The Truck- page 1 | Space | Air & Space Magazine
The space shuttle’s cargo bay is more than just a shipping container. It’s also a workspace for spacewalkers. (NASA)

The Truck

Satellites, experiments, space station parts - the space shuttle hauled it all.

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The shuttle was the king of multi-tasking. On its final missions this year, it will continue its work as a people mover and space station supplier, but over its career, the shuttle was a heavy lifter, carrying more than 100 primary payloads to orbit. Its cargo bay—60 feet long, 15 feet wide—was built to satisfy the National Reconnaissance Office, which wanted to make sure its biggest satellites could go. Though the bay could carry up to 54,000 pounds, no payload hit that number (the closest: a 46,500-pound NASA Tracking and Data Relay Satellite launched in September 1988). Its greatest strength was versatility: Only the shuttle could put something in orbit, then go get it and bring it back.

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Tourists to Other Worlds

In quick succession, the shuttle sent three interplanetary probes on their way from the cargo bay within an 18-month period in 1989 and 1990. Magellan, a radar mapper bound for Venus, was launched in May 1989. That October, a shuttle started Galileo on its voyage to Jupiter. Both probes used Boeing-built Inertial Upper Stages to get to their destinations. The following October, Ulysses, a probe jointly run by NASA and the European Space Agency, left the shuttle cargo bay with two upper stages—an IUS and a Payload Assist Module—to boost it into orbit around the sun. The Jet Propulsion Laboratory in Pasadena, California, had built all three interplanetary explorers to the cargo bay’s dimensions.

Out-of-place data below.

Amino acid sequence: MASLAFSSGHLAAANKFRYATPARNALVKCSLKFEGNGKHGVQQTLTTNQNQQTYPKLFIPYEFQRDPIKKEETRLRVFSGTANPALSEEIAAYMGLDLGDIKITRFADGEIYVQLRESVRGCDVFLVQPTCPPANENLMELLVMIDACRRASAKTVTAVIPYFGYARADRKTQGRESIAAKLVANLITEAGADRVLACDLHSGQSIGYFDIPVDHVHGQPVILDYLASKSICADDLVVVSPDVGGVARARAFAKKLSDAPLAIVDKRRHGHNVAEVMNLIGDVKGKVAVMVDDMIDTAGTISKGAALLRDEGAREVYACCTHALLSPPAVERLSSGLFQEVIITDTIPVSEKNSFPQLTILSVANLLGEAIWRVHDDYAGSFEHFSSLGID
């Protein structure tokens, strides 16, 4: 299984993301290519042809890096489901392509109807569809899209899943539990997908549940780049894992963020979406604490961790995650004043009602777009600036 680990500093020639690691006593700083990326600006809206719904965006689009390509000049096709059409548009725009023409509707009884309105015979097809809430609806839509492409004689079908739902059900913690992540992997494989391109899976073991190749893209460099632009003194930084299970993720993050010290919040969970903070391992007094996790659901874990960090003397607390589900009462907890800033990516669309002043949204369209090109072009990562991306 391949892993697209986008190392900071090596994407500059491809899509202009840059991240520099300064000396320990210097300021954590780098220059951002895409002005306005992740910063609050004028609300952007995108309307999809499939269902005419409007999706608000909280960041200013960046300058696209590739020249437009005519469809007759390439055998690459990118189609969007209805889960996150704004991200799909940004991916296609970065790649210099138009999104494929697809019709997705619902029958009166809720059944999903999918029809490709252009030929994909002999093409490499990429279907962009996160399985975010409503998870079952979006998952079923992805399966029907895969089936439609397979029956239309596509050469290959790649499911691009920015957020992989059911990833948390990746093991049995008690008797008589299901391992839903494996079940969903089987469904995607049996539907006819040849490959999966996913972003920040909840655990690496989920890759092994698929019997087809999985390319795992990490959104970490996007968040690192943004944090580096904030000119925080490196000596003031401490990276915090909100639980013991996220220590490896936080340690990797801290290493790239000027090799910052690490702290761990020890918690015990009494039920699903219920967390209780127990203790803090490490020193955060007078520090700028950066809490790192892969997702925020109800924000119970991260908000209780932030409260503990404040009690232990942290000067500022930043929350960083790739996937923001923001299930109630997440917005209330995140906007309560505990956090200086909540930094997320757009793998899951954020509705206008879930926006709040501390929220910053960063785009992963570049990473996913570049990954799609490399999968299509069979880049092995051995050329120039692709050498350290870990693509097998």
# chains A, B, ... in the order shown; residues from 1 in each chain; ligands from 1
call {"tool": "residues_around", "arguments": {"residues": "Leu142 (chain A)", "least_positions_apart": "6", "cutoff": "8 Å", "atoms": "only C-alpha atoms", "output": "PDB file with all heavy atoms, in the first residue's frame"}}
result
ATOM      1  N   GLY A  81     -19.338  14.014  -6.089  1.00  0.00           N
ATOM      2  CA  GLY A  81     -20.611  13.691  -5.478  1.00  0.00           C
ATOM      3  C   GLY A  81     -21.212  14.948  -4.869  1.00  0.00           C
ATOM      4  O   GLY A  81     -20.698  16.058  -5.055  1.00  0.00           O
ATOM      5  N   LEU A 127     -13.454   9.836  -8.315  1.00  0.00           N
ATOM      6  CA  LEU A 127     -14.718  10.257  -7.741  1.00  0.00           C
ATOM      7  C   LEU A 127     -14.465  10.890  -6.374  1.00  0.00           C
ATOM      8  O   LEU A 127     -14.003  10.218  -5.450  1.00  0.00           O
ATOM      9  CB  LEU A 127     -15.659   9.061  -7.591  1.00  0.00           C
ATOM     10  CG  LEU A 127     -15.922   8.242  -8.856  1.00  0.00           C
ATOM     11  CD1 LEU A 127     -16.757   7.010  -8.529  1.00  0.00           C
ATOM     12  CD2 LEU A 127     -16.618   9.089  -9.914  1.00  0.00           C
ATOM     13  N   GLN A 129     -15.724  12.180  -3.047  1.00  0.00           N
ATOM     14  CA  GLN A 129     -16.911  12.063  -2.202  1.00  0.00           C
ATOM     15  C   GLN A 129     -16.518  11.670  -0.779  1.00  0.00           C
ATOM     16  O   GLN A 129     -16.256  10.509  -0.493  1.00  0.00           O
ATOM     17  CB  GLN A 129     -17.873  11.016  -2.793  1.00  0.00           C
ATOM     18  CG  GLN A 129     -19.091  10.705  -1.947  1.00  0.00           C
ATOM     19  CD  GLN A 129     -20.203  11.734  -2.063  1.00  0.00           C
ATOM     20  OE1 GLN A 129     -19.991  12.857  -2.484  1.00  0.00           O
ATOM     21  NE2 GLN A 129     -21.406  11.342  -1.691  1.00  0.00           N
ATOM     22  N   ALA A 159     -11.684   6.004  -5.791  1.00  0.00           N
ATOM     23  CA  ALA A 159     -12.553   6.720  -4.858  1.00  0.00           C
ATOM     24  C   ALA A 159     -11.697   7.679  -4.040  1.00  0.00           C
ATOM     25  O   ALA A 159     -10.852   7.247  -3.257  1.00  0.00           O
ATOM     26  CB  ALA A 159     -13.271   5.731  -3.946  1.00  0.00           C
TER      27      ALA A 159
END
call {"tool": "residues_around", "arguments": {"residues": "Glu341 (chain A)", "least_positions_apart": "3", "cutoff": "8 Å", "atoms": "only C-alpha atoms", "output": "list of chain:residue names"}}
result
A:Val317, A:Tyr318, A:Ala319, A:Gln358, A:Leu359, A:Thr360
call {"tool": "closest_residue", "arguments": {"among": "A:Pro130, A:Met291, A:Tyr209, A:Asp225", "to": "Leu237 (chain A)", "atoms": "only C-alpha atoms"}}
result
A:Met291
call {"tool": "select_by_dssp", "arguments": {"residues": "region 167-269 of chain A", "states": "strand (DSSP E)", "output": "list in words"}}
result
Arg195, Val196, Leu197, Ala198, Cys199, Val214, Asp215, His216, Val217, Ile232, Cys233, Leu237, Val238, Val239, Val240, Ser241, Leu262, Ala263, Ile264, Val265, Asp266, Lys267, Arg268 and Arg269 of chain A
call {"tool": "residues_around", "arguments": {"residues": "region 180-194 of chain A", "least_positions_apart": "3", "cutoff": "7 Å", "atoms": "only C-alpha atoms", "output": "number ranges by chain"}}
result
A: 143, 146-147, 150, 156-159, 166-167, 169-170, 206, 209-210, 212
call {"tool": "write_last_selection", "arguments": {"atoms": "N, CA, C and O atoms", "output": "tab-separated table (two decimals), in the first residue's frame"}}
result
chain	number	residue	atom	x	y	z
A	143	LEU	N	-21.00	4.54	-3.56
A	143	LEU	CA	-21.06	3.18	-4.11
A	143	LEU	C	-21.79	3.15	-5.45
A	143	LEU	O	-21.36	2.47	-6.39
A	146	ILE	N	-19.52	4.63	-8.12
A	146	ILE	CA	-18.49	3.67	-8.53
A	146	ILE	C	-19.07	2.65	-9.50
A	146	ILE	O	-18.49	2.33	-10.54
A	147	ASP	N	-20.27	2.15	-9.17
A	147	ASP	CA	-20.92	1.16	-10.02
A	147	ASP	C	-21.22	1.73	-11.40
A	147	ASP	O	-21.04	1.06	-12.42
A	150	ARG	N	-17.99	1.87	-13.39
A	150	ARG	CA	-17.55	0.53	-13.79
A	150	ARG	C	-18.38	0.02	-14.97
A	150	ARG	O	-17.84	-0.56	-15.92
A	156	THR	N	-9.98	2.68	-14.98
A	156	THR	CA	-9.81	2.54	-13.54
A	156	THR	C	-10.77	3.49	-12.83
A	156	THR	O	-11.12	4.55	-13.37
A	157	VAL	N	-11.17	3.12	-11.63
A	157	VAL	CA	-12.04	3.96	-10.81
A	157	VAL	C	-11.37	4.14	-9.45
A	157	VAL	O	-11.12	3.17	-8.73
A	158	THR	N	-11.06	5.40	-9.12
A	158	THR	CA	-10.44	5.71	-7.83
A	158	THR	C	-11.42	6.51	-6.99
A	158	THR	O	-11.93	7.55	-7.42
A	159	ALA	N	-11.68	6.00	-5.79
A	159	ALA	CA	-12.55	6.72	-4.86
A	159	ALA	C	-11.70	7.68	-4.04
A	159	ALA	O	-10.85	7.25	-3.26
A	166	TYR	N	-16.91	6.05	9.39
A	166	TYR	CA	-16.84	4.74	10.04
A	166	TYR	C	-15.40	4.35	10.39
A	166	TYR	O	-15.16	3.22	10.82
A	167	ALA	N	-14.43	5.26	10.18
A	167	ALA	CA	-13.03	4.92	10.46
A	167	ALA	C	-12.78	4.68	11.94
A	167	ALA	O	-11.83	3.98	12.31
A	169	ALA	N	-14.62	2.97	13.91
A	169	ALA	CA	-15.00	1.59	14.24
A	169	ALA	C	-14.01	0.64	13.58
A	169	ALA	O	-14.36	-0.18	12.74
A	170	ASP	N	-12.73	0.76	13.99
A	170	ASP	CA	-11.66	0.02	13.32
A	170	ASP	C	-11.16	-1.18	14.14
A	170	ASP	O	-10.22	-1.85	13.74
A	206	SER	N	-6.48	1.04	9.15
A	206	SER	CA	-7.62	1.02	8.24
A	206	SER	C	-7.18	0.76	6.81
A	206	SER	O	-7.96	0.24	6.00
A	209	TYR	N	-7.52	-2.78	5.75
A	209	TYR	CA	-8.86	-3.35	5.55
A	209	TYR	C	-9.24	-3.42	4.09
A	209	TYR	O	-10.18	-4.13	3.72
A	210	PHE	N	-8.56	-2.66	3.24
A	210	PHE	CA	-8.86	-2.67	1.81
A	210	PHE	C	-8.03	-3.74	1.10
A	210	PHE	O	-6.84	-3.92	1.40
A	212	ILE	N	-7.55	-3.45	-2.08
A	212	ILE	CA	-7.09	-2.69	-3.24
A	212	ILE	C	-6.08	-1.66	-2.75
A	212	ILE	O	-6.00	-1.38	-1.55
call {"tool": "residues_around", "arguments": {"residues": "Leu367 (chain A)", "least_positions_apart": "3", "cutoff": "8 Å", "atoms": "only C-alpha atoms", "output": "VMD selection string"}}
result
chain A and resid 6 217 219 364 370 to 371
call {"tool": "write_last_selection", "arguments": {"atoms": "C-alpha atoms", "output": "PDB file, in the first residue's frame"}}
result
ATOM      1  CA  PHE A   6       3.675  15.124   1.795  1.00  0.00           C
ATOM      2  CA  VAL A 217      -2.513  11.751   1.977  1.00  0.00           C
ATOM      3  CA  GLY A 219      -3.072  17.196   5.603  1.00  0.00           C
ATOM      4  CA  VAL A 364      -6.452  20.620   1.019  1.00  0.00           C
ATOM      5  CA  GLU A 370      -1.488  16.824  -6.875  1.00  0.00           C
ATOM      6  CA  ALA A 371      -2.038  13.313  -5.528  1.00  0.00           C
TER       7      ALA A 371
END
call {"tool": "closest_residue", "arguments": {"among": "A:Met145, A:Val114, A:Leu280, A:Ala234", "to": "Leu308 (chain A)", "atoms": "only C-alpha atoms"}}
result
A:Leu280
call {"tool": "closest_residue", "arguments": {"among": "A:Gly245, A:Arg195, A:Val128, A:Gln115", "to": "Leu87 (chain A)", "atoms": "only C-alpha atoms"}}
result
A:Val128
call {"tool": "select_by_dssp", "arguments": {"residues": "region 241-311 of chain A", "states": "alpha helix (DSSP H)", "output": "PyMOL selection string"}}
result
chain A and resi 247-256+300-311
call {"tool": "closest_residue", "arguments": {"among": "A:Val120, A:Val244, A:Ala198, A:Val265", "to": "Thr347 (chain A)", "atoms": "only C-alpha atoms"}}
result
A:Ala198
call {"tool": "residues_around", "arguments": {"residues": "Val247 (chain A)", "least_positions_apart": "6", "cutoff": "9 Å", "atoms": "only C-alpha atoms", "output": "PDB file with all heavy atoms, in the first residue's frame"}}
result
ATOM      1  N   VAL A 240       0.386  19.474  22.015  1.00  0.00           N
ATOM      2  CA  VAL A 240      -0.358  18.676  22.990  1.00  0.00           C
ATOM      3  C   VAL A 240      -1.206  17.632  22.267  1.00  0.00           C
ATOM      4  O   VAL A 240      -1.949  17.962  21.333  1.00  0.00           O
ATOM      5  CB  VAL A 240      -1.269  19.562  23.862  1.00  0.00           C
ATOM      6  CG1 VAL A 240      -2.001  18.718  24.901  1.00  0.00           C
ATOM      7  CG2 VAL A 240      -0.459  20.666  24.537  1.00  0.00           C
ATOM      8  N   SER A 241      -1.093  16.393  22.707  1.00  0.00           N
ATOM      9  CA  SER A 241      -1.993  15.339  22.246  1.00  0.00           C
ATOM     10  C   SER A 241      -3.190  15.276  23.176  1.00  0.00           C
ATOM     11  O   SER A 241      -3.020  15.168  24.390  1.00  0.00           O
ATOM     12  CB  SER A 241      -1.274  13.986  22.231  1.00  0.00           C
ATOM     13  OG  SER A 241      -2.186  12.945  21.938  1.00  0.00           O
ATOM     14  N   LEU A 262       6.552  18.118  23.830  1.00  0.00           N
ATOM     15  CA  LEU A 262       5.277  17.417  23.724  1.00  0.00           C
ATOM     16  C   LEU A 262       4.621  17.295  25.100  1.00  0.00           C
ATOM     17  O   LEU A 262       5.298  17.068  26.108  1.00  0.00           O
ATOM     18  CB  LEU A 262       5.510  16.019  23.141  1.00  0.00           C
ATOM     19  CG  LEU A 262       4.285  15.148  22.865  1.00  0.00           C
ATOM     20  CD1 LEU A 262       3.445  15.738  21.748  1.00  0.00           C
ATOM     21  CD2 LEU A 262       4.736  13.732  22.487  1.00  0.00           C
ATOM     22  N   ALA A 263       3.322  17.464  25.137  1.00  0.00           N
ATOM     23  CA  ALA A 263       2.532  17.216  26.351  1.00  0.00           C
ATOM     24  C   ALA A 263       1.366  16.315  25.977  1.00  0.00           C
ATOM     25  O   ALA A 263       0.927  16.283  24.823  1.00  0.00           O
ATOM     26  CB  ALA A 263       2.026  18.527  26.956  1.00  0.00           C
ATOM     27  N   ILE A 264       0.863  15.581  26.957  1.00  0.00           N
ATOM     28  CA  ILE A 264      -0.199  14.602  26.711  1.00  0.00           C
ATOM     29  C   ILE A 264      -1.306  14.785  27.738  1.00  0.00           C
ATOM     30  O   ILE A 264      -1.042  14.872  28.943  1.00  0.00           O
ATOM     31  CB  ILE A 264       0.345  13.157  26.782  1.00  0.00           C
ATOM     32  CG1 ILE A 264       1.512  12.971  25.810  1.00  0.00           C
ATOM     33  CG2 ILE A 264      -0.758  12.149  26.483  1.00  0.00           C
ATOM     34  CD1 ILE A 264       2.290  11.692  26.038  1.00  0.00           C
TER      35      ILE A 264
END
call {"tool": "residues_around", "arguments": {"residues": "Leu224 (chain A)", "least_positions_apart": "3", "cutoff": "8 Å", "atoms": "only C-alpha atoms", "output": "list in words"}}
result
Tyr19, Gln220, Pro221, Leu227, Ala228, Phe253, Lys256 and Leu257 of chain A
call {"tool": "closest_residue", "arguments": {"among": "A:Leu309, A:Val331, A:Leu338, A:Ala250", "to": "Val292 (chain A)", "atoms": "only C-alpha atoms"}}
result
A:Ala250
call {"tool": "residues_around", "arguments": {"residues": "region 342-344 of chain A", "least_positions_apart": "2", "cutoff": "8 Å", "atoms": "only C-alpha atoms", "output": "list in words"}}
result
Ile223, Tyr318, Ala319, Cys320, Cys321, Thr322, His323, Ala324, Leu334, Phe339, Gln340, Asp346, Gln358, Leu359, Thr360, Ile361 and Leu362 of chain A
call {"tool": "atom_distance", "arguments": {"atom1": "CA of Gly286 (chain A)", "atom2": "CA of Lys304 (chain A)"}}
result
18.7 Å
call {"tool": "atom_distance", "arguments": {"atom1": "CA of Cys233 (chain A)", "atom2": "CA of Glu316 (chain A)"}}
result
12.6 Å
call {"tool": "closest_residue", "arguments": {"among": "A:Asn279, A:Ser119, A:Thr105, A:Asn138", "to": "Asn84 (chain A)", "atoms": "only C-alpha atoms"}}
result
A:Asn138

Science Projects

The pressurized module Spacelab, which flew two dozen times in the 1980s and 1990s, turned the shuttle’s cargo bay into a round-the-clock lab, with astronauts on 12-hour shifts (a similar commercial module, SPACEHAB, flew almost as many times). In April 1984, a crew deployed the school-bus-size Long Duration Exposure Facility with 57 experiments; it was retrieved in January 1990. One hard-luck case was the Italian-built Tethered Satellite System. In August 1992, the tether jammed. Reflown in February 1996, the tether stretched to just shy of the planned 12.5 miles before it broke and the satellite was lost.

Home Away From Home

Last in a long line of payloads: pieces of the International Space Station. The first U.S. component, a connecting module called Unity, was launched in December 1998. The shuttle crew joined it with the Russian power module Zarya, which had launched a month earlier on a Proton rocket from Kazakhstan. Since then, nearly every shuttle flight has carried station parts. The largest shuttle payloads delivered to the station were the four solar array-truss structures that flew in November 2000, September 2006, June 2007, and March 2009. By the time the shuttle program ends, orbiters will have flown 36 times to the ISS. The station now has a pressurized volume equal to that of a six-bedroom house.

Paying Customers

Commercial satellites were among the earliest payloads, with the first—the Satellite Business Systems and Canada’s Telesat—going up on the fifth shuttle flight in November 1982. After the Challenger disaster in January 1986, NASA deemed such satellites, with their solid-fuel upper stages, a risk to safety. But astronauts could still make service calls. One of the most dramatic came in May 1992, when three spacewalkers grabbed an errant Intelsat satellite, attached a new motor, and sent it on its way.

Hubble et al.

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